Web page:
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'My team-mates were frightened... they were worried about playing Liverpool again'

We spoke to Massimo Ambrosini and Massimo Oddo, who both started Carlo Ancelotti’s last Champions League final, against Liverpool in 2007.

Image: EMPICS Sport

IF THERE’S ONE manager who has experienced the ecstasy and agony of the Champions League, it’s Carlo Ancelotti.

Ahead of his record-equalling fourth Champions League final on Saturday, the affable Italian won one title narrowly, one on penalties, and lost one in that earth-shattering night in Istanbul in 2005.

Yet, the genius of Ancelotti is that egos or individual histories do not come into it; the fact that the 54-year-old could equal Bob Paisley’s long-standing record of three European Cups is irrelevant.

The pressure of facing Madrid’s bitter rivals, Atlético Madrid, on Europe’s grandest stage will not faze Ancelotti and, ironically, it’s far from the Italian’s most difficult Champions League assignment.

Rather, ahead of the 2007 final in Athens, Ancelotti had to calm, and restrain, Milan’s players ahead of a heated rematch with Liverpool.

Just two years on from Jerzy Dudek’s heroics in that famous penalty shootout, little had changed: six of those Milan players that started that night in Istanbul would begin the game in Athens.

“I would not go as far to say that we had a vendetta against Liverpool,” Massimo Ambrosini told TheScore.ie. “It was more revenge, certainly, for what happened two years previously in Istanbul. What cost us in Istanbul, more than anything else, was 15 minutes of madness but that’s not to say the team were not well prepared or ready. Therefore, Ancelotti prepared us for Athens just like he did for every other game that season.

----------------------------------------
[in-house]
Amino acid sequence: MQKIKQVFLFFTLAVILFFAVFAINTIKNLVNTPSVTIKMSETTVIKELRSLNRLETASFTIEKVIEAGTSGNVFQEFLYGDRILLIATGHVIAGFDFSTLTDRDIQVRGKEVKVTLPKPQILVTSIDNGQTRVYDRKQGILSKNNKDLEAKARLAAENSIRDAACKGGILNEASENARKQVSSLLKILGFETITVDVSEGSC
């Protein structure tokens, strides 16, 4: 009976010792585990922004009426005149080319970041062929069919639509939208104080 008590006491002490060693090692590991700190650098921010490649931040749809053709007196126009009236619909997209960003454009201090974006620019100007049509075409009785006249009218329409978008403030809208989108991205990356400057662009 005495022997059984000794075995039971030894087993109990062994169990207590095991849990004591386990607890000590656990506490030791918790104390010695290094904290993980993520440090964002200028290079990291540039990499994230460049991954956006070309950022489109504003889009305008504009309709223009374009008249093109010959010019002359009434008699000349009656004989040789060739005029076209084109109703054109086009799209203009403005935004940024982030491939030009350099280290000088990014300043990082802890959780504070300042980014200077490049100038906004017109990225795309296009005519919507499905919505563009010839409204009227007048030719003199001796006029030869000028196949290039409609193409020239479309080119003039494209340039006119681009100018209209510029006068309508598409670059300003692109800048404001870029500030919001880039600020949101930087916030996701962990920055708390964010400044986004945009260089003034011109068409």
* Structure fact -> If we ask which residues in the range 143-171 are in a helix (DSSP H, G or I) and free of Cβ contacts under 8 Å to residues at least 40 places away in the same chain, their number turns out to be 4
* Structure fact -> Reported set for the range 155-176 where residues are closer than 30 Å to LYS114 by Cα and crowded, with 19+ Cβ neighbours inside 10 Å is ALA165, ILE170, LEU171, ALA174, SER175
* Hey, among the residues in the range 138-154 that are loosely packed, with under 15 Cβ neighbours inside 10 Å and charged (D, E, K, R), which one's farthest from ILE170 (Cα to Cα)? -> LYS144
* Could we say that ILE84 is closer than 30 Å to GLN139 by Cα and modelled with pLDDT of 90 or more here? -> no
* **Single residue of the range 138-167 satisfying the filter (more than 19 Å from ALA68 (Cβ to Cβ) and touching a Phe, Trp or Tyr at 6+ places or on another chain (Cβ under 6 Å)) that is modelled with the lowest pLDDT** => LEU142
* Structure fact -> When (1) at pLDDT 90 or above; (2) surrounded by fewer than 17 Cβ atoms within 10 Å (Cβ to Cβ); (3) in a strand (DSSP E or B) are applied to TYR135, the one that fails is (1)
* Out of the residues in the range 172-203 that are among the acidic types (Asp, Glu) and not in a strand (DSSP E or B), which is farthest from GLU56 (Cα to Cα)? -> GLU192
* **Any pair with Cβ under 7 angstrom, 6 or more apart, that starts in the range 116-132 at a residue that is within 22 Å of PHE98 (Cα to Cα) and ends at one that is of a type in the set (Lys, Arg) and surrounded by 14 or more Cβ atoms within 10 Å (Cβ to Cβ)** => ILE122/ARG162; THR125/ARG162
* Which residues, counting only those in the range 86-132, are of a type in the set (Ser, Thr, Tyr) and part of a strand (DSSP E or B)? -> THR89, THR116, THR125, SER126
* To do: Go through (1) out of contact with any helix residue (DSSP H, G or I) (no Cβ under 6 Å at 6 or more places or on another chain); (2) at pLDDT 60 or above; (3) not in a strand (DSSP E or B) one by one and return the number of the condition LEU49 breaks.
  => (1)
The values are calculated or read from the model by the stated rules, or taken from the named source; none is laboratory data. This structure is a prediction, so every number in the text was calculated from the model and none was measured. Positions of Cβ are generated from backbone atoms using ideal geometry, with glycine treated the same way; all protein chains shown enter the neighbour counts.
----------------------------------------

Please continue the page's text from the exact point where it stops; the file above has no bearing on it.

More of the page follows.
“In 2007, we wanted to win the final regardless of who the opponent was and luckily we succeeded. To win the Champions League is always special, but relief was not the overriding emotion after what happened in 2005. It was merely joy and euphoria.”

Ambrosini, who was also part of the Milan side that defeated Juventus on penalties in 2003, was Ancelotti’s vice-captain and proved crucial to retaining the squad’s focus on the task at hand.

 

Soccer - UEFA Champions League - Final - AC Milan v Liverpool - Olympic Stadium AC Milan's Massimo Oddo, right, and Filippo Inzaghi, left, celebrate with the European trophy after the final whistle. Source: PA Archive/Press Association Images

This was particularly important for those five players who were not present for Istanbul, but could still feel the heated tension of the rivalry as outsiders.

“I arrived after the final in 2005 but, of course, I remember it,” Massimo Oddo told TheScore.ie.

“It was an incredible loss. Ahead of the 2007 final, my team-mates – who were there for 2005 – were frightened. They were worried about playing against Liverpool again, so it proved a very important win. Even I was quiet before the game, but that’s part of my personality. Many of the others felt a lot before the match, but I tried to treat it like a normal game – even though it was a final.